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GOOD MORNING, MIDNIGHT
By Reginald Hill
Avon Books, 2004 (Paperback)
Reviewed by Shirley H. Wetzel
The story begins in 1991. The First Gulf War ended a few weeks before, and a young Iraqi boy is scavenging in the ruins of a factory. He spots the plastic-wrapped body of a black woman inside a broken crate, shortly before he discovers the unexploded bomb that sends him running to the safety of the Euphrates. The building and all its contents are blown to bits. How this ties into the story of a dysfunctional Yorkshire family is gradually revealed in the intricate, convoluted plot.
Fast forward to March 20, 2002, the last day of Pal Maciver's life. His body is discovered in his locked study, with an apparently self-inflicted gunshot wound to the head. Detective Superintendent Andy Dalziel, an old friend of the decedent's stepmother, Kay Kafka, declares it an open-and-shut case of suicide. His assistant Peter Pascoe is not as convinced. One thing in particular disturbs Pascoe: Maciver's father died in an almost identical way ten years ago. That death, too, was declared a suicide, and "Fat Andy" was the chief investigating officer. Pascoe grows more uneasy as Dalziel seems determined to make him drop the matter. Is Andy letting his personal feelings get in the way of solving a crime?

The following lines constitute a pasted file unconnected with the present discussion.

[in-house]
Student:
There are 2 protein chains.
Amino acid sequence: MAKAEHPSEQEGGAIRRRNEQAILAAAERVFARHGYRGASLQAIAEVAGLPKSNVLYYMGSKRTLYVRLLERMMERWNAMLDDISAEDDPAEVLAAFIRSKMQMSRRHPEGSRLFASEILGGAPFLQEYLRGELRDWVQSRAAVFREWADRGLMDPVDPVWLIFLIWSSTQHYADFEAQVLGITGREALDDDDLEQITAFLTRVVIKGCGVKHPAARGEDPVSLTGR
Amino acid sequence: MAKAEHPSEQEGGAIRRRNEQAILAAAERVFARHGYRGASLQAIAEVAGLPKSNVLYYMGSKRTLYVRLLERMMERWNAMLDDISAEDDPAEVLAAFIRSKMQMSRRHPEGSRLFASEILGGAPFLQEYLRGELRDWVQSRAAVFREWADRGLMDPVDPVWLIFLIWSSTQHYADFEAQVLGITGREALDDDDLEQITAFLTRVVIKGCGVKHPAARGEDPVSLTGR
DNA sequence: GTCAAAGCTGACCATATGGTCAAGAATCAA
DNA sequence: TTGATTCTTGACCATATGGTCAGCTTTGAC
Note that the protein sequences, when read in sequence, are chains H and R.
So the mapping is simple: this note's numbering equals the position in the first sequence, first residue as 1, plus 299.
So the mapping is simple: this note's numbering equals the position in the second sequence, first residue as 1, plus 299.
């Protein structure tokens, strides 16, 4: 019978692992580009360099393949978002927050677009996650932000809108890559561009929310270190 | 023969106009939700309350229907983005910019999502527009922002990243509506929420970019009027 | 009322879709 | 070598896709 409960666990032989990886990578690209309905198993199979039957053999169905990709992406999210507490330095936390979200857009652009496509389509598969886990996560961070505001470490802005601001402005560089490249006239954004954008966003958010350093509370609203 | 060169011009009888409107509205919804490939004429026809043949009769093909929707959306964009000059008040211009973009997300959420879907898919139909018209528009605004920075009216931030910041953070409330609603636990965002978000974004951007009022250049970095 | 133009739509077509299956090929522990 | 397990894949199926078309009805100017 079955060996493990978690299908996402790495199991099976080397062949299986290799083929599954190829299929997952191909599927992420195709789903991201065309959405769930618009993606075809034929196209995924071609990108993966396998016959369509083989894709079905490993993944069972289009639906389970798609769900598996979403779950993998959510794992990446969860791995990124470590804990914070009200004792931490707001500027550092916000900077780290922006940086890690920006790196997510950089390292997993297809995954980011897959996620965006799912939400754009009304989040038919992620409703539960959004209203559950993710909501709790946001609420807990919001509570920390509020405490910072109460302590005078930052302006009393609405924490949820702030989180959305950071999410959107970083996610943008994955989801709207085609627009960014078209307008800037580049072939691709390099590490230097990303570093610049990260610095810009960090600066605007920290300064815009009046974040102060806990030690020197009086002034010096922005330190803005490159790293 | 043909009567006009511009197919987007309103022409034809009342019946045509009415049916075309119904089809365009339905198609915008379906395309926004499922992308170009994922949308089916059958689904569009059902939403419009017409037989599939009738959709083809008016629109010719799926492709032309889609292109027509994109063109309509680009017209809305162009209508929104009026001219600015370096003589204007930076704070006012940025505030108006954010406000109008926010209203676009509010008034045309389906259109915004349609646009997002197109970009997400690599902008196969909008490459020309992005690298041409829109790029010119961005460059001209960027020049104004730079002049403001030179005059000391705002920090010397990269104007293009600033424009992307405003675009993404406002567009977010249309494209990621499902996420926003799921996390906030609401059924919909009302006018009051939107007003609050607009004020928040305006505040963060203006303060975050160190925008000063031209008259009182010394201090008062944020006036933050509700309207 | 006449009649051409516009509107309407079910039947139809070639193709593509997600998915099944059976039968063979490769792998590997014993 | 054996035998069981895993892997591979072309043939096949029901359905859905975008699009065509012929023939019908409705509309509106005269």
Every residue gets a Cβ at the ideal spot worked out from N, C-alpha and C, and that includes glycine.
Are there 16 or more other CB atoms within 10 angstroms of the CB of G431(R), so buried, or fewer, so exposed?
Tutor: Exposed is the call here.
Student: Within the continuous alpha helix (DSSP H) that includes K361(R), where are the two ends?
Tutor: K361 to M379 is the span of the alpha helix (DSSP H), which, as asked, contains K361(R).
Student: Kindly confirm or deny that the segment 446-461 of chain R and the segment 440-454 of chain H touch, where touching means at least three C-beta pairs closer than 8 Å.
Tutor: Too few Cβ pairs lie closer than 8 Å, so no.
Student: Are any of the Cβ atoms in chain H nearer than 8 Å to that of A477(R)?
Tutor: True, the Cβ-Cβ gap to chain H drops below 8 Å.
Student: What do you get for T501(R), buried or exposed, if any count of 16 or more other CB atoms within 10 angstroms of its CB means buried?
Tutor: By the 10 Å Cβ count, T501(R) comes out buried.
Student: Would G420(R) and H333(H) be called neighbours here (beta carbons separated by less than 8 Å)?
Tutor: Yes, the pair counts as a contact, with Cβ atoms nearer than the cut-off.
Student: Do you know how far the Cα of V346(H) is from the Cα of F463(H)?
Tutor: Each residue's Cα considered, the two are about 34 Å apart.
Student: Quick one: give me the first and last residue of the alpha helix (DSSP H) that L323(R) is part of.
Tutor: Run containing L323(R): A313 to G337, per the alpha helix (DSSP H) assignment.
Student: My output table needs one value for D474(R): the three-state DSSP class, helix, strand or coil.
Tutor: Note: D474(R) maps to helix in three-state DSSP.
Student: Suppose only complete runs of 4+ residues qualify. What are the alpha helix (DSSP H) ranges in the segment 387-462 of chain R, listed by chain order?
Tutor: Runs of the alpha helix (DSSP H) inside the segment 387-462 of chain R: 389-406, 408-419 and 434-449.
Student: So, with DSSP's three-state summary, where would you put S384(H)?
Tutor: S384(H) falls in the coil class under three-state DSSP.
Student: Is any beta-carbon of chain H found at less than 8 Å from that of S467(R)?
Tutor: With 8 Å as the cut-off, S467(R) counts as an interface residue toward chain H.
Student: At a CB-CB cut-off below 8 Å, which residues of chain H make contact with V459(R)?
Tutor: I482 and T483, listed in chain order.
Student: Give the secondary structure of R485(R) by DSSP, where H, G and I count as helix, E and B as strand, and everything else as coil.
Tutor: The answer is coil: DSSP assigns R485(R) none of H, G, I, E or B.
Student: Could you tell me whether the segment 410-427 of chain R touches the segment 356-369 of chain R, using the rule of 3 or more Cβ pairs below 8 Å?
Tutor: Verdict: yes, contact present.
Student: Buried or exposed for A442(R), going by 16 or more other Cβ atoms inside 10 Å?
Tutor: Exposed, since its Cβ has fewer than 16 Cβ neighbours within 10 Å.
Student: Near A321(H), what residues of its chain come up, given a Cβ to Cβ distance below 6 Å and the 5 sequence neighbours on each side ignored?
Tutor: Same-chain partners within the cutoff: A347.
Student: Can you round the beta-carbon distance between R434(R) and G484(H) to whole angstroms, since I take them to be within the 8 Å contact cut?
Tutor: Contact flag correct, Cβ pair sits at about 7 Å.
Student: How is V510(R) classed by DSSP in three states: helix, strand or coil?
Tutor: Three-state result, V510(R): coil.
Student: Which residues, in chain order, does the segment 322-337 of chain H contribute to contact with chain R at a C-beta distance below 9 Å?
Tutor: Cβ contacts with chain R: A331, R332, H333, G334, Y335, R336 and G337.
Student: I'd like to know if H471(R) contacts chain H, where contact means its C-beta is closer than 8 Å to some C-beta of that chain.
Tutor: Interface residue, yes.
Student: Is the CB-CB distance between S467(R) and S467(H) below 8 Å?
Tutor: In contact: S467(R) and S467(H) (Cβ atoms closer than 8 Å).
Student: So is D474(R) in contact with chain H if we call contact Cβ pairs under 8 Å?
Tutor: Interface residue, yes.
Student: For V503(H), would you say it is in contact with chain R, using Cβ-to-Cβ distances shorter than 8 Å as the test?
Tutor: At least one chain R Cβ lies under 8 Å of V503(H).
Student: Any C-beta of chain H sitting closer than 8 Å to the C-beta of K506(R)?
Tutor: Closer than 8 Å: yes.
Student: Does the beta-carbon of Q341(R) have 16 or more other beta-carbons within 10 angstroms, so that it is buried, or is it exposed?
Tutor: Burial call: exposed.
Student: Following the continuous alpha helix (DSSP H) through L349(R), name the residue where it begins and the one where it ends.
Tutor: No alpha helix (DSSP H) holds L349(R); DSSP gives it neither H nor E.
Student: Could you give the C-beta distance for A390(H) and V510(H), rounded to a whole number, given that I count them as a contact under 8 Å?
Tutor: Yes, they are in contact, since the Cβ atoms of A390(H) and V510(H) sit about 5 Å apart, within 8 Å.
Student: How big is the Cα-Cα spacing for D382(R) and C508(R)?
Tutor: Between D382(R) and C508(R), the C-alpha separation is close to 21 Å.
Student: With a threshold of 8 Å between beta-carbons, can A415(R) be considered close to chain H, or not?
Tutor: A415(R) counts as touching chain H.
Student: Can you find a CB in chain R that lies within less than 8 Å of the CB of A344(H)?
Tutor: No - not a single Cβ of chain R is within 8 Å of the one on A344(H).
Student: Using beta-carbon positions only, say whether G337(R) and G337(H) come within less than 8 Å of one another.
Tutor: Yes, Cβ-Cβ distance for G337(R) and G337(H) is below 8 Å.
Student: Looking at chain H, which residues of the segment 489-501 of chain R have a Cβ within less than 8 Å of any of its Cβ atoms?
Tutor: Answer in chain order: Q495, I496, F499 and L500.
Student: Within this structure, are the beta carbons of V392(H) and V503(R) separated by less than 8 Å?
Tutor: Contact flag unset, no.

There are other coincidences in the story. Maciver's sister Cressida is a friend of Pascoe's wife Ellie, who sometimes, after a few drinks, wants to be more than her friend. In an almost dream-like sequence, Detective Constable "Hat" Bowler, still on leave and trying to deal with the loss of his sweetheart, wanders into the forest and finds a fairy tale witch in a gingerbread cottage. She invites him in for bread and jam, and turns out to be a perfectly nice old lady in a thatched cottage who loves birds and happens to be the eccentric aunt of the Maciver family.
The Maciver family has many secrets, but they are not the only ones. Deceptions abound, and the safety of not just a few, but millions, are at stake if the truth is not uncovered.
I didn't really like any of the Macivers with the exception of the youngest, Helen, and the old auntie, and I didn't much care what happened to them. I did care about Fat Andy and Pascoe and the troubled young Hat, and I had fun trying to sort out all the tangled threads of the plot. The story is up to Hill's fine standards, and I highly recommend it.
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